The details of a prescription should be written in the following order:

The first part is the Superscription, which is the sign

The Prescription 142

, an abbreviation for Recipe, "Take."

The second part is the Inscription, consisting of the names of the drugs in the genitive case (the vehicle in the accusative if ad is used with it), and their doses in the accusative.

The third part is the Subscription, that is to say, the directions to the dispenser. This in England and most other countries is written in Latin, but in France it is in the language of the country.

The fourth part is the Signature, that is to say, the directions to the patient (from the Latin " Signetur," let it be labelled). This is written in English.

The fifth part consists of the physician's name or initials at the bottom on the right, the patient's name at the bottom on the left, and under it the date; thus:

Superscription

Superscription 143

Inscription

Tincture Ferri Chloridi, fl

Inscription 144

iij; 12. c.c., (.basis).

Quininae Hydrochloratis, gr. xxx; 2. gm. , (adjuvans).

Magnesii Sulphatis,

Inscription 145

ij; 60. gm., (corrigens).

Glycerin!, fl

Inscription 146

ij; 60. c.c., (corrigens).

Infusum Cinchonae, ad fl

Inscription 147

viij; 240. c.c., (excipient).

Subscription

Fiat mistura.

Signature

Take one table-spoonful three times daily, two hours after meals. A. B. C. (physician's initials).

William Smith, Esq. (patient's name). 16th June, 1901 (date).

On the continent and in countries where the metric system is generally employed the quantities, either of fluids or solids, are expressed in grammes, so that the abbreviation is omitted; 60. meaning 60. gm. or 60. c. c. as the substance may be solid or liquid.

Abbreviations

Although abbreviations are objectionable, yet this prescription could be written thus:

Abbreviations 148

Tinct. Fer. Chlor., fl

Abbreviations 149

iij; 12. c.c.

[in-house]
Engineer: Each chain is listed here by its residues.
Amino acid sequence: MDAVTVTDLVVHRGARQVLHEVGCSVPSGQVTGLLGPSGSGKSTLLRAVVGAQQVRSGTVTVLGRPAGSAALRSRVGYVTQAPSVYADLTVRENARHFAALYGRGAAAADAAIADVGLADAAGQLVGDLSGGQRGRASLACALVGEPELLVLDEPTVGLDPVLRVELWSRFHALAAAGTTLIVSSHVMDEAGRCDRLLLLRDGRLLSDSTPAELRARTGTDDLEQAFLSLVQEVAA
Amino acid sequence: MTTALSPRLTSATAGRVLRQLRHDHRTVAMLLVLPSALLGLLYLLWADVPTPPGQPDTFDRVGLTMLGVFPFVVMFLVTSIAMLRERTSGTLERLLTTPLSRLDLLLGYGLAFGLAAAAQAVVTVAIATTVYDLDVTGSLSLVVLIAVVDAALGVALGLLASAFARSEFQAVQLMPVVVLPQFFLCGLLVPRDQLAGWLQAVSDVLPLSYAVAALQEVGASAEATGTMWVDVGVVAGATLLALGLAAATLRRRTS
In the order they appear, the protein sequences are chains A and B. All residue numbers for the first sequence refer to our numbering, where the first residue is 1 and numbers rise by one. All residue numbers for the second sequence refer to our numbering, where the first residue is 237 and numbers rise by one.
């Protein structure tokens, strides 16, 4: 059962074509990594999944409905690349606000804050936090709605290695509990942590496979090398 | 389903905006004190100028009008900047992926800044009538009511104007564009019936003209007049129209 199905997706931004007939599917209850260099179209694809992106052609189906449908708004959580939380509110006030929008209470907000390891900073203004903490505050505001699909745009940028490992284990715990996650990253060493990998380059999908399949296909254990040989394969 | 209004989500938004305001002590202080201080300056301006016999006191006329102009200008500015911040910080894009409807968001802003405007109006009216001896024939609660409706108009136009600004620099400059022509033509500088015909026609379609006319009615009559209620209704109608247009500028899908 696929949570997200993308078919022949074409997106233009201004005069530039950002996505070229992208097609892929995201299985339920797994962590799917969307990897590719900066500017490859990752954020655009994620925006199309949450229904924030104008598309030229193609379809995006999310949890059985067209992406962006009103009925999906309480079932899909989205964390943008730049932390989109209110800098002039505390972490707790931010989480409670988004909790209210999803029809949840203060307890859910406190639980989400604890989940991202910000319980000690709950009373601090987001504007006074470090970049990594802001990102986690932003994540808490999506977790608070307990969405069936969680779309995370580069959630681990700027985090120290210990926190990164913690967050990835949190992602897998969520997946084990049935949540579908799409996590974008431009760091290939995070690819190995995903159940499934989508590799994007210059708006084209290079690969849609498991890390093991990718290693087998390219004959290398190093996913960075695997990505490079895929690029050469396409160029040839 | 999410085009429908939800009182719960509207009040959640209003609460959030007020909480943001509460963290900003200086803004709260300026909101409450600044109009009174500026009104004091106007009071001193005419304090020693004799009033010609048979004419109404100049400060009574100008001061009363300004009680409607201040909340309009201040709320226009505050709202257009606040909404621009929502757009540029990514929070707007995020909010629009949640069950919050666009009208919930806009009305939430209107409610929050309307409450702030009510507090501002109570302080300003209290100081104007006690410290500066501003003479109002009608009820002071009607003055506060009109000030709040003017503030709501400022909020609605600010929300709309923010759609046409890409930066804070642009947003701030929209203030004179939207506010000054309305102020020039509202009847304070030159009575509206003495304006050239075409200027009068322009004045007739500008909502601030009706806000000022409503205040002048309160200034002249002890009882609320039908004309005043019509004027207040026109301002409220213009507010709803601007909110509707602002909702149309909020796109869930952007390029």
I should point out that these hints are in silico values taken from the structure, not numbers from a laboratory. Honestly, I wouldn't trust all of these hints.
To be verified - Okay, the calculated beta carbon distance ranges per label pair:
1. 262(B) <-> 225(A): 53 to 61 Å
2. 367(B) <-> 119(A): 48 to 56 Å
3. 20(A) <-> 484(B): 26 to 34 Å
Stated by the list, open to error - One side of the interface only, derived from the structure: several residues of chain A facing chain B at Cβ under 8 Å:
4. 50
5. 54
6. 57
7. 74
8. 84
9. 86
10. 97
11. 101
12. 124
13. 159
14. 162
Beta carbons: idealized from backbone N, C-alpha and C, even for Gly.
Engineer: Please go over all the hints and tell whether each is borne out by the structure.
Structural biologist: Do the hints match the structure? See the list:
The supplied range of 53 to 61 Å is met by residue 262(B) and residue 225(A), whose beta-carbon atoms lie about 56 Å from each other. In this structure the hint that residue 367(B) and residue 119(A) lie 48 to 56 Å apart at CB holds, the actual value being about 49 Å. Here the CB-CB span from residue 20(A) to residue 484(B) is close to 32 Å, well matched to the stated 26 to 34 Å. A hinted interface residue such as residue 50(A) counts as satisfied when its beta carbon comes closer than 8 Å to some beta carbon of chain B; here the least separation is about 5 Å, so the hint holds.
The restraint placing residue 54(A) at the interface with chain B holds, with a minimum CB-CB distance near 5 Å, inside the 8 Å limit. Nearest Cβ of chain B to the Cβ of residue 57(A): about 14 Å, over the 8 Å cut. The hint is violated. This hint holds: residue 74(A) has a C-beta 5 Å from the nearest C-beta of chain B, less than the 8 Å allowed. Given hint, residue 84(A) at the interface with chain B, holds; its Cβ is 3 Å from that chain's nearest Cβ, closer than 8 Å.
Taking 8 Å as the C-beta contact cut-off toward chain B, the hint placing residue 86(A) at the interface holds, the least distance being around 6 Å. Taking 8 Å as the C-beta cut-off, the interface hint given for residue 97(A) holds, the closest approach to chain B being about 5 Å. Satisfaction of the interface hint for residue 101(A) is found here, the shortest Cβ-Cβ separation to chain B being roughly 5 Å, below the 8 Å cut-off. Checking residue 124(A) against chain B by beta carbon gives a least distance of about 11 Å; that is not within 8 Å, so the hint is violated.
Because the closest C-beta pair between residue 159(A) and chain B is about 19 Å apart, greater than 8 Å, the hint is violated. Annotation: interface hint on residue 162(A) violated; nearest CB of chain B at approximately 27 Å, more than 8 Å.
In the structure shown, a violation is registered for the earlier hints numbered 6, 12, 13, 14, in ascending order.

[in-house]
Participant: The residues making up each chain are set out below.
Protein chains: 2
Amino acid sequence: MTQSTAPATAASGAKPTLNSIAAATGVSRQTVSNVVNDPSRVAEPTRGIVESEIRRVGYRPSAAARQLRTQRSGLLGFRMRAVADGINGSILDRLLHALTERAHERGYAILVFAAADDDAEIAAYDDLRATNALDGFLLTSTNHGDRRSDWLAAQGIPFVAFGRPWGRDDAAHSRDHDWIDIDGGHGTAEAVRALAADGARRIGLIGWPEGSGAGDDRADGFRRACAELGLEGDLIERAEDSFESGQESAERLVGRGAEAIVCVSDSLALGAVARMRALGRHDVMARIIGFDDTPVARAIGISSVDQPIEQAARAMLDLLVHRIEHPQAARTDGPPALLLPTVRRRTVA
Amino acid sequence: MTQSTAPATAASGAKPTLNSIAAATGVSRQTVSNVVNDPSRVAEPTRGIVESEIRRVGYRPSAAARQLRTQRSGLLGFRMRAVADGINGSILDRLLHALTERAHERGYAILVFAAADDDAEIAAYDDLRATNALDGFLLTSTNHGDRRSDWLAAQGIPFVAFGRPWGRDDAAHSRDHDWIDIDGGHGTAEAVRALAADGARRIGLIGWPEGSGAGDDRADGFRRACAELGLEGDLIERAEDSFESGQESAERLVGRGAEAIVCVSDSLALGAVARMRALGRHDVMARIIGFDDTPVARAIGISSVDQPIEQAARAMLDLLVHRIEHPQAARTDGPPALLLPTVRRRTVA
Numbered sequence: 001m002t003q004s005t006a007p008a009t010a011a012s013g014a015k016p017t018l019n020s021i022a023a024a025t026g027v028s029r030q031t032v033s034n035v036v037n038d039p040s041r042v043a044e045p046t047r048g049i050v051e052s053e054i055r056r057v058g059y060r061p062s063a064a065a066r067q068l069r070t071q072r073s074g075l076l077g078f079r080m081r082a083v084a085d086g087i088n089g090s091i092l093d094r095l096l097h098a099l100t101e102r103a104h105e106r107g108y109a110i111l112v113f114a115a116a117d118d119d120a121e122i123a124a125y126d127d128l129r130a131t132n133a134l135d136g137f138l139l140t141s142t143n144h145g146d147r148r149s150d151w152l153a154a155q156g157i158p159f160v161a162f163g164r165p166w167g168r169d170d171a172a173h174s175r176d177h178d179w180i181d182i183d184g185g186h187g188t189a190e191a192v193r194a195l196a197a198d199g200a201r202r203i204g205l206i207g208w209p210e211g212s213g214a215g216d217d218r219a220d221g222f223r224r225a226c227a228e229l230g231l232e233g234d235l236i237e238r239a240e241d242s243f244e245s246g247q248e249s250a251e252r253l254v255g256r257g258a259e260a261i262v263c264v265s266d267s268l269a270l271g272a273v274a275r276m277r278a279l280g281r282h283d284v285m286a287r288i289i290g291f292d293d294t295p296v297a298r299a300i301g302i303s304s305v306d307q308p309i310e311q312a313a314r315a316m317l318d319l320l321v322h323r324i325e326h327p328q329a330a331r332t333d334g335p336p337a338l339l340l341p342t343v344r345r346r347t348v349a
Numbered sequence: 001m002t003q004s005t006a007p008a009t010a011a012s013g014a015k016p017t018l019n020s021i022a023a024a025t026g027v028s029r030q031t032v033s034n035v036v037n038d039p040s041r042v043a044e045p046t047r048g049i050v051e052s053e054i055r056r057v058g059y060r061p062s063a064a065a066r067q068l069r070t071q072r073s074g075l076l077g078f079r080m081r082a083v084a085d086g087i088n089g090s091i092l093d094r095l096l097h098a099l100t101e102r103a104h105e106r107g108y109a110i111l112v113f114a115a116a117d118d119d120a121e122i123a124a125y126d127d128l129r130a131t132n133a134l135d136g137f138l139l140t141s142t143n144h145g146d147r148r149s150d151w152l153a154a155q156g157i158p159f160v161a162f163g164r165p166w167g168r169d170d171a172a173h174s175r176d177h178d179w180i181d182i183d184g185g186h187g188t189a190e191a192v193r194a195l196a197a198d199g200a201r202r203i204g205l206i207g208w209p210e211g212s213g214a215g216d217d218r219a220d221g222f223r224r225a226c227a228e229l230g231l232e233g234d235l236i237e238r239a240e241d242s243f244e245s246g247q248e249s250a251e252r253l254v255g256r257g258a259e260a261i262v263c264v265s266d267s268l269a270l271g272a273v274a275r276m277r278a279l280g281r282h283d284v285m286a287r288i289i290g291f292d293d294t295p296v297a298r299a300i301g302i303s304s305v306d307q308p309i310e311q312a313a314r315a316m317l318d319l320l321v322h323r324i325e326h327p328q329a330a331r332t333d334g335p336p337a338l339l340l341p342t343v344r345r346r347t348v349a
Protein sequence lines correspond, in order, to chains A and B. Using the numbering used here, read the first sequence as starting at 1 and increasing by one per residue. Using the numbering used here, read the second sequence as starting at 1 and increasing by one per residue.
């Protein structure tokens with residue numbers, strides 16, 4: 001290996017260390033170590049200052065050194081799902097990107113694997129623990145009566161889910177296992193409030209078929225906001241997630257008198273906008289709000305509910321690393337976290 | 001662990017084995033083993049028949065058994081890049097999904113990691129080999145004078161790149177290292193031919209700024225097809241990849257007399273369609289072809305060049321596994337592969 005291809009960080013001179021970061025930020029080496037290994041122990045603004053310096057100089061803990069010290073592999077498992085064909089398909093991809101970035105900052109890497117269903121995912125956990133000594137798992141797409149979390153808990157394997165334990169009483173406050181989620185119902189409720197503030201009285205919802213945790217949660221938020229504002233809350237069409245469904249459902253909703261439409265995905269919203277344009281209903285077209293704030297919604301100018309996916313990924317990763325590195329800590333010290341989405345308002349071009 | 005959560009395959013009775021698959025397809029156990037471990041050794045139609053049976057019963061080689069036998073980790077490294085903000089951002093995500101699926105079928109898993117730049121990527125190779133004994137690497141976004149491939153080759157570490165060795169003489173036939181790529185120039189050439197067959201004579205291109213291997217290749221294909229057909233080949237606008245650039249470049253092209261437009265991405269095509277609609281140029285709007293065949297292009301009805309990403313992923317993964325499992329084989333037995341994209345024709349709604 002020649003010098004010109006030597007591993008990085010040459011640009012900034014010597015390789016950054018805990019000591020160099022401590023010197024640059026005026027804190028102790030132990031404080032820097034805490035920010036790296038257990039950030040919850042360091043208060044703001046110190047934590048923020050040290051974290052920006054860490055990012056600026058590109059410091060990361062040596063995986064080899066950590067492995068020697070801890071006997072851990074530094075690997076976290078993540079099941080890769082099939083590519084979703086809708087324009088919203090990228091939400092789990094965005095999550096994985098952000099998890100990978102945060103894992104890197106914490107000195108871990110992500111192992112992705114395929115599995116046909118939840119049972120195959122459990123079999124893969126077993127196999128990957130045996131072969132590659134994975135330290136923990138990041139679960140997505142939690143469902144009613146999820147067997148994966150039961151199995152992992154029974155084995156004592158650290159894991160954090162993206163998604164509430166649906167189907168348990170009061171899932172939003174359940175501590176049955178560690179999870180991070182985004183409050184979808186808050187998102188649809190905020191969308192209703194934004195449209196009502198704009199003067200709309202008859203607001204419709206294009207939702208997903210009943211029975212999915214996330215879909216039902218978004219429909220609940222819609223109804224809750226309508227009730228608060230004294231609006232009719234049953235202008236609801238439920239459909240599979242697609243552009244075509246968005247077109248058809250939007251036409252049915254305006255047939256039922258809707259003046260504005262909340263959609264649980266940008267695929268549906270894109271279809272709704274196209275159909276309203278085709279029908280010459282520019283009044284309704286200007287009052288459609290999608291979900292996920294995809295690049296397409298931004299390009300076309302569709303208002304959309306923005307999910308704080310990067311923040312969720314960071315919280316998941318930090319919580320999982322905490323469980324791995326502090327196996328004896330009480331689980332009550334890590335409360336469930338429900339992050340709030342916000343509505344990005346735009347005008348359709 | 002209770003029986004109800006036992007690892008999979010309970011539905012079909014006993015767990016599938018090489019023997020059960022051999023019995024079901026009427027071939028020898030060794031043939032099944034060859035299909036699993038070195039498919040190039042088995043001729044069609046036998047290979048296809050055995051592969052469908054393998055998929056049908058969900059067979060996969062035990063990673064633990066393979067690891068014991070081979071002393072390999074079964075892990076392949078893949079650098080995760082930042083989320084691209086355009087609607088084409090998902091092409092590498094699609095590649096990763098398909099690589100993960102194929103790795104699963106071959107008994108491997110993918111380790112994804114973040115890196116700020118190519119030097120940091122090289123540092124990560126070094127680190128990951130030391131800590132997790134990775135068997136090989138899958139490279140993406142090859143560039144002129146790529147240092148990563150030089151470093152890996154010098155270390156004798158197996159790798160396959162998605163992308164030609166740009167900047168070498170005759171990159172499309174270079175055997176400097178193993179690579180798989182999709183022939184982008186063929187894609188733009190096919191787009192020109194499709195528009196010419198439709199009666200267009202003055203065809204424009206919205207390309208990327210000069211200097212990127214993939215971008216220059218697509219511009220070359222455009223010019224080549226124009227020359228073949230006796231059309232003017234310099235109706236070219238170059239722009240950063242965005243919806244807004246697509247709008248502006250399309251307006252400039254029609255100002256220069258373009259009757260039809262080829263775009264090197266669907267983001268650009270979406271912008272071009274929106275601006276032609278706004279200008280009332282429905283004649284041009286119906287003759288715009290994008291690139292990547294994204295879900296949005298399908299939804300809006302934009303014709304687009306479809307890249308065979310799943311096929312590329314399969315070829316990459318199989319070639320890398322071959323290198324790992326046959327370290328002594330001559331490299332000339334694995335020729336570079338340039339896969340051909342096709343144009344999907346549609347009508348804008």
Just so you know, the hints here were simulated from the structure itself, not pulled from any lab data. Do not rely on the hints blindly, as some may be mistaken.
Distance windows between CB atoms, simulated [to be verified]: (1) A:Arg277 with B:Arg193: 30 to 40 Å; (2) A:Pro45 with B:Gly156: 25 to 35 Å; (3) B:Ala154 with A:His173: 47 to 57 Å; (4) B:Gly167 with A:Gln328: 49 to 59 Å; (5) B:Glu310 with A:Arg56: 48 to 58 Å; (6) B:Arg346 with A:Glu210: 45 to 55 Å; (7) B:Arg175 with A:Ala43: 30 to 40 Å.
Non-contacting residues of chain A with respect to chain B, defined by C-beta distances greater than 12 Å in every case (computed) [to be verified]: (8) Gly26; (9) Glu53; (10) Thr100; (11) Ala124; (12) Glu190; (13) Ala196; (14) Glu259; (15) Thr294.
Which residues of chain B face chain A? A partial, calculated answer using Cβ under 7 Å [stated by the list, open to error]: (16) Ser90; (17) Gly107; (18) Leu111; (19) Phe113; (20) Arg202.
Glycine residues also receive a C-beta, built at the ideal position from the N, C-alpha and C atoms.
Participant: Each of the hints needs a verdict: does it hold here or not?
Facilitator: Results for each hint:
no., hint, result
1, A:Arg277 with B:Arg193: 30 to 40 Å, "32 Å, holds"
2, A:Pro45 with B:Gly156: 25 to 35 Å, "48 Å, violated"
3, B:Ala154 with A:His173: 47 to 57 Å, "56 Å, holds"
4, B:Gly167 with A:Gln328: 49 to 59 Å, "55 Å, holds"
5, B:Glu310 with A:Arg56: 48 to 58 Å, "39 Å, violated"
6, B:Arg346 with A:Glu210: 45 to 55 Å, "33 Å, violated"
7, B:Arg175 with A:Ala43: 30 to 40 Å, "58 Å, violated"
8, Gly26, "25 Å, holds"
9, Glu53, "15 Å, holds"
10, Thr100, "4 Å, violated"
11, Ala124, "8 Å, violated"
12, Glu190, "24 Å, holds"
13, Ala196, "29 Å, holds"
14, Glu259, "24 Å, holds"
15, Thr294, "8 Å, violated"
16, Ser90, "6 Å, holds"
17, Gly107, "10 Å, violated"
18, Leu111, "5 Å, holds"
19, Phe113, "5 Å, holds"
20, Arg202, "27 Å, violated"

Quin. Hydrochlor., gr. xxx.; 2. gm.

Mag. Sulphat.,

Abbreviations 150

ij; 60. gm.

Glycer., fl

Abbreviations 151

ij; 60. c.c.

Inf. Cinch. ad fl

Abbreviations 152

viij; 240. c.c.

F. m.

S. Take one table-spoonful thrice daily, two hours after meals. William Smith, Esq. A. B. C

16th June, 190I.

S, ss. and fs. are abbreviations for semi, a half, and aa for ana, of each.

The following is a prescription for a pill:

Abbreviations 153

Extracti Nucis Vomicae, gr. 1/4; .015 gm.. Extracti Euonymi.

Aloini, aa gr. ss.; .03 gm..

Hydrargyri Chloridi Mitis, gr. j.; .06 gm. . Extractum Hyoscyami, ad gr. v.; .30 gm.. Fiat Pilula. Mitte 24.

S. Take one immediately before dinner every evening. William Smith, Esq. A. B. C.

16th June, 1901.

It will be observed that the quantities in the prescription are for one pill only, and the apothecary is directed to send 24. Often, however, the prescription is written with the quantity of each ingredient necessary to make the full number of pills. Thus:

Abbreviations 154

Extracti Nucis Vomicae, gr. vj.; .36 gm..

Extracti Euonymi.

Aloini, aagr. xij.; .75 gm..

Hydrargyri Chloridi Mitis, gr. xxiv.; 1.50 gm.. Extractum Hyoscyami, ad gr. cxx.; 8 gm..

Fiat Pilulae 24.

S. Take one immediately before dinner every evening. William Smith, Esq. A. B. C.

16th June, 1901.

Prescriptions for powders are also written in either way. The medicine may be prescribed as a pill when it is required that the patient shall carry it about with him, when only a small dose is needed, when it is desirable that it shall act slowly, when it is required to act on the lower bowel, when it is insoluble or nauseous, or when it is difficult to prescribe in the liquid form. Kaolin is the best basis for substances, as potassium permanganate, which are decomposed by contact with organic matter.

Oils, and volatile, deliquescent or bulky substances should not be prescribed as pills, as they require much solid excipient; nor should pills be used for substances required to act immediately. Insoluble or very disagreeable powders are often given in cachets.

Abbreviations should be employed as little as possible. Serious mistakes have happened because the abbreviations have been ambiguous. The following are especially to be avoided:

Acid. Hydroc (may be Acidum Hydrochloricum or Acidum Hydrocyanicum). Ext. Col. ( " " Extractum Colchici or Extractum Colocynthidis).

Hyd. Chlor. ( " " Calomel, Corrosive sublimate or Chloral hydrate).

Hyd. (may be Hydrargyrum, Hydras, Hydriodas, Hydrochloras or Hydrocyanicus). Sulph. ( " " Sulphur, Sulphide, Sulphate, or Sulphite).

Sometimes the signature is written in Latin, and it is often abbreviated. A list of such abbreviations is given in the appendix.

In Great Britain and in the United States it is always understood, unless otherwise stated, that the preparations are those of the Pharmacopoeia.